Friday, June 01, 2018

CAFC vacates ND Cal decision in Zeroclick matter

Appellant Zeroclick won at the CAFC:

Zeroclick, LLC sued Apple Inc. in the U.S. District
Court for the Northern District of California, asserting
claims 2 and 52 of U.S. Patent No. 7,818,691 and claim 19
of U.S. Patent No. 8,549,443. The district court found the
asserted claims invalid for indefiniteness, reasoning that
the claims recited means-plus-function terms for which
the specifications do not disclose sufficient structure.
Because the district court failed to undertake the relevant
inquiry and make related factual findings to support its
conclusion that the asserted claims recited means-plusfunction
terms, we vacate and remand.

As to 112/6

“To determine whether § 112, para. 6 applies to a
claim limitation, our precedent has long recognized the
importance of the presence or absence of the word
‘means.’” Williamson, 792 F.3d at 1348. The failure to
use the word “means” creates a rebuttable presumption
that § 112, ¶ 6 does not apply. Id. But the presumption
can be overcome, and § 112, ¶ 6 will apply, “if the challenger
demonstrates that the claim term fails to recite
sufficiently definite structure or else recites function
without reciting sufficient structure for performing that
function.” Id. (emphasis added) (internal quotation
marks, brackets, and citation omitted); see also Advanced
Ground Info. Sys., Inc. v. Life360, Inc., 830 F.3d 1341,
1347 (Fed. Cir. 2016) (“In determining whether this
presumption has been rebutted, the challenger must
establish by a preponderance of the evidence that the
claims are to be governed by § 112, ¶ 6.”); Greenberg v.
Ethicon Endo-Surgery, Inc., 91 F.3d 1580, 1583 (Fed. Cir.
1996) (noting that the district court relied on evidence
extrinsic to the patent in reaching its conclusion that a
term invoked means-plus-function treatment).

When evaluating whether a claim limitation invokes
§ 112, ¶ 6, the essential inquiry remains “whether the
words of the claim are understood by persons of ordinary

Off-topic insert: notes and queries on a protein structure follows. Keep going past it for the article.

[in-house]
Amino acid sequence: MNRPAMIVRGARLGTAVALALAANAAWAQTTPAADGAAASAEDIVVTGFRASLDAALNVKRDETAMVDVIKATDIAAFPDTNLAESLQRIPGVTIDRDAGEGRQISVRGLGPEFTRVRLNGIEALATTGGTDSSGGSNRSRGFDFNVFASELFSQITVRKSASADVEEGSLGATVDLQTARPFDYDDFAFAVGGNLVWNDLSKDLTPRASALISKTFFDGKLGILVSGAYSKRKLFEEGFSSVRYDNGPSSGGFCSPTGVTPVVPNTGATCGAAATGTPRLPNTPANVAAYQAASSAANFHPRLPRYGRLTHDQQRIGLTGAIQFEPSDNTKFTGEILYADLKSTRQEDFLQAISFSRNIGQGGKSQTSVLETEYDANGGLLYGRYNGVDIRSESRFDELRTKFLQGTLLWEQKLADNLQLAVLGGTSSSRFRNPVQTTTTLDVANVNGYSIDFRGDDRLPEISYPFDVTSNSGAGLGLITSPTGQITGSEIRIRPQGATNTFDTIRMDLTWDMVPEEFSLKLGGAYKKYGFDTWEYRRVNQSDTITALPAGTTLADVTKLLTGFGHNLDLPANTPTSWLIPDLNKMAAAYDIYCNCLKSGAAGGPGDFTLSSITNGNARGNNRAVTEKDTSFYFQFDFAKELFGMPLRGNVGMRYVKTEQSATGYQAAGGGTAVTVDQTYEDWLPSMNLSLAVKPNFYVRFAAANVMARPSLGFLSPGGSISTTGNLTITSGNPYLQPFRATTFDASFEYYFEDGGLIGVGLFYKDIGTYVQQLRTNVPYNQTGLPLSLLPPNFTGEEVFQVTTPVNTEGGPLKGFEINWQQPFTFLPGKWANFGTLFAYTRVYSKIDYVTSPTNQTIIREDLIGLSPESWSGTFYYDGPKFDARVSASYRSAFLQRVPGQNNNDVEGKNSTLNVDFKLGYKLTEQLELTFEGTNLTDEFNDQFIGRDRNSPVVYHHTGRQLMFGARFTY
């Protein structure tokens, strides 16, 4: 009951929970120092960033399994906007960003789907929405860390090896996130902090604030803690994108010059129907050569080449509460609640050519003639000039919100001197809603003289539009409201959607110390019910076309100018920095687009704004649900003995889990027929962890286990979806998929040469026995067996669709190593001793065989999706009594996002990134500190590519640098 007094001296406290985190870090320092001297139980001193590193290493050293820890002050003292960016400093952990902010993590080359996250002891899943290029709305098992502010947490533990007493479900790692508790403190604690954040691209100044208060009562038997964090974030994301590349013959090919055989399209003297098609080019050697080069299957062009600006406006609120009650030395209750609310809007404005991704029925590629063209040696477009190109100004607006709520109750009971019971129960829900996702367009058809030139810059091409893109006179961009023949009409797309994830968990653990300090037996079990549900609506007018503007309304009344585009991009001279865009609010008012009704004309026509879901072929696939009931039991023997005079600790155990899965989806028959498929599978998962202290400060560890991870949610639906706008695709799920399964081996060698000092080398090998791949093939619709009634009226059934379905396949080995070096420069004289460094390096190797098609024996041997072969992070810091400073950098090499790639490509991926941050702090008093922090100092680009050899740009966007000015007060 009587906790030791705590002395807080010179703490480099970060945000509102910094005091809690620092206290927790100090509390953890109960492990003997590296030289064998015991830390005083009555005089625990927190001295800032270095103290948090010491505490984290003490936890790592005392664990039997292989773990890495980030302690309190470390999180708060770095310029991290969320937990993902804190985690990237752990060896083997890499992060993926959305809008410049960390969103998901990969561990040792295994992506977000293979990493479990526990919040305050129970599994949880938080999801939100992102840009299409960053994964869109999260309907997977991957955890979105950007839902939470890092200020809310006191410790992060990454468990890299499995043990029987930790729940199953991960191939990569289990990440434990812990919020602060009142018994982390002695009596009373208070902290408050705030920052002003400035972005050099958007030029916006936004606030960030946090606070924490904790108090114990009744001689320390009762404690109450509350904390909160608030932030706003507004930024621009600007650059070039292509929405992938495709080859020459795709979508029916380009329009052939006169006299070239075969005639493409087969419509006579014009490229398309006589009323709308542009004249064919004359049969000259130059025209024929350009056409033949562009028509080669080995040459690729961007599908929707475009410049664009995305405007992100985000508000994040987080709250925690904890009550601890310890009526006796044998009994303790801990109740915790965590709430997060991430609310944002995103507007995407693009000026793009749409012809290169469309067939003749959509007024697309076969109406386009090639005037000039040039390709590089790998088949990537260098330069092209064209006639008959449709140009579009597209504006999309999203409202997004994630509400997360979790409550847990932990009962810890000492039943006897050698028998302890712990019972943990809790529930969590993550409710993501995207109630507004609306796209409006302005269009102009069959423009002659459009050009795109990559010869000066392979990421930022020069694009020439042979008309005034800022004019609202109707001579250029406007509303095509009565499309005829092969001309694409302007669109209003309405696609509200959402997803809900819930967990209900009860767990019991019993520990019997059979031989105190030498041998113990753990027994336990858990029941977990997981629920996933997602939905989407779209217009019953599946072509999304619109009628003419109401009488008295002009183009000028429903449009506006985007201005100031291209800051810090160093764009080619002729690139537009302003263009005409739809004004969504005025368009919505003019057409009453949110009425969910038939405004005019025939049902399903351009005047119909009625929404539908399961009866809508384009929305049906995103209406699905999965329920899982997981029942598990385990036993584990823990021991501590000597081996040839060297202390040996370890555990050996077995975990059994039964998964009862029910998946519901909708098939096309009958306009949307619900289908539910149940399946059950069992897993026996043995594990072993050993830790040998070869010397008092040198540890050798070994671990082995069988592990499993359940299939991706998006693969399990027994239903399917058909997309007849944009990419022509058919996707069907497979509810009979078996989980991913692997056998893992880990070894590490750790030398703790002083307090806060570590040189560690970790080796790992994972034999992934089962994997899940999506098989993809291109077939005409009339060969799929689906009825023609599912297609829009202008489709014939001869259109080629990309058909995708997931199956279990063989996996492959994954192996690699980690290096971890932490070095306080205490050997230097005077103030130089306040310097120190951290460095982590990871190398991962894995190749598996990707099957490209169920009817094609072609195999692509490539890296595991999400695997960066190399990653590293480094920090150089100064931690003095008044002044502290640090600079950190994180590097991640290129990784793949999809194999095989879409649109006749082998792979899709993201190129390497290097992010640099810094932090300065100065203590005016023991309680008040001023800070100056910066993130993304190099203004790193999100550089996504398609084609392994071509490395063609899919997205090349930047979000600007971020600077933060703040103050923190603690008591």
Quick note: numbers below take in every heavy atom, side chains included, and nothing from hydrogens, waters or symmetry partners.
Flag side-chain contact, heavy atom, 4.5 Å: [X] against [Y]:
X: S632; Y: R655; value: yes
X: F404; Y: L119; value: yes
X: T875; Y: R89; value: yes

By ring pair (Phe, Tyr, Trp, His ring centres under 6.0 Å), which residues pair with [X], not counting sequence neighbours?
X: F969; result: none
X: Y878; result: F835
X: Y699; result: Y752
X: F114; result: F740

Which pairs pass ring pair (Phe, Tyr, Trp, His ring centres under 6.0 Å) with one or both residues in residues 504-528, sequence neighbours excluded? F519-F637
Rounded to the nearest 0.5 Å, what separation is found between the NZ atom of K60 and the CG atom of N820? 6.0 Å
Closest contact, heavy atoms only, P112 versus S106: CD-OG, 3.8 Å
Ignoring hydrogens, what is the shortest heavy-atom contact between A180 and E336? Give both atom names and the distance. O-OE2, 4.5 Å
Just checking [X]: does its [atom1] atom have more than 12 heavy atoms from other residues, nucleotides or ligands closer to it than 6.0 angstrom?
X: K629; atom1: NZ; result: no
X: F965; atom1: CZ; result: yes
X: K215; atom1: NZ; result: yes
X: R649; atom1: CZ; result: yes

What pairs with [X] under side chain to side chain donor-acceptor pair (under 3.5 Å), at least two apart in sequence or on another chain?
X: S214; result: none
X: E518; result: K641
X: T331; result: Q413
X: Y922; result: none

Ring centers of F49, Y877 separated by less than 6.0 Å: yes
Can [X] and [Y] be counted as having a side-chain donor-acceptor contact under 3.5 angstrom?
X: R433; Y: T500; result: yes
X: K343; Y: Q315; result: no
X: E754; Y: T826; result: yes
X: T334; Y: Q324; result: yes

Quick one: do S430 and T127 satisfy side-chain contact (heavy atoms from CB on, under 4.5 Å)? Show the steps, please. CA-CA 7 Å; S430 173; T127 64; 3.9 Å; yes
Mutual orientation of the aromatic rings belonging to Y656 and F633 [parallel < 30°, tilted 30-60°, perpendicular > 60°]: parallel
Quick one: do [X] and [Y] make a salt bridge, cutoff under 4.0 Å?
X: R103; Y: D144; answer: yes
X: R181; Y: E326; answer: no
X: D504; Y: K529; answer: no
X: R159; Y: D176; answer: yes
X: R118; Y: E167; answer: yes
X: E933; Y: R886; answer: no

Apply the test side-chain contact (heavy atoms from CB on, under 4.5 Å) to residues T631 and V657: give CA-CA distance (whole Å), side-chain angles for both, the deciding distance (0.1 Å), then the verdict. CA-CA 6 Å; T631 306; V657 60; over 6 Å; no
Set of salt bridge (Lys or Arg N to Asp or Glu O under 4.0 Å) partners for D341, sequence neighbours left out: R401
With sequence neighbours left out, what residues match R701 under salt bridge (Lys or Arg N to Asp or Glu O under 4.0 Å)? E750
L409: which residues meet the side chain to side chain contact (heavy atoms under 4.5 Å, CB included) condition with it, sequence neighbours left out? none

skill in the art to have a sufficiently definite meaning as
the name for structure.” Williamson, 792 F.3d at 1348;
Greenberg, 91 F.3d at 1583 (“What is important is . . . that
the term, as the name for structure, has a reasonably well
understood meaning in the art.”). That determination
must be made under the traditional claim construction
principles, on an element-by-element basis, and in light of
evidence intrinsic and extrinsic to the asserted patents.
See, e.g., Personalized Media Commc’ns, LLC v. Int’l
Trade Comm’n, 161 F.3d 696, 702–04 (Fed. Cir. 1998)
(stating that “[w]hether certain claim language invokes
35 U.S.C. § 112, ¶ 6 is an exercise in claim construction”
and that the presumption that § 112, ¶ 6 does not apply
“can be rebutted if the evidence intrinsic to the patent and
any relevant extrinsic evidence so warrant”); Cole v.
Kimberly-Clark Corp., 102 F.3d 524, 531 (Fed. Cir. 1996)
(noting that whether § 112, ¶ 6 is invoked involves an
analysis of the “patent and its prosecution history,” and
consulting a dictionary definition of “perforation” to
understand if one of skill in the art would understand the
term to connote structure). The district court failed to
undertake that inquiry and make related factual findings.
Neither of the limitations at issue uses the word
“means.” Presumptively, therefore, § 112, ¶ 6 does not
apply to the limitations. Apple argued that the limitations
must be construed under § 112, ¶ 6, but provided no
evidentiary support for that position. Accordingly, Apple
failed to carry its burden, and the presumption against
the application of § 112, ¶ 6 to the disputed limitations
remained unrebutted. The district court’s discussion is
revealing: its determination that the terms must be
construed as means-plus-function limitations is couched
in conclusory language. The court relied on Apple’s
arguments, contrasting them against Zeroclick’s contentions,
but pointed to no record evidence that supports its
ultimate conclusion regarding whether § 112, ¶ 6 applies
to the asserted claims. C


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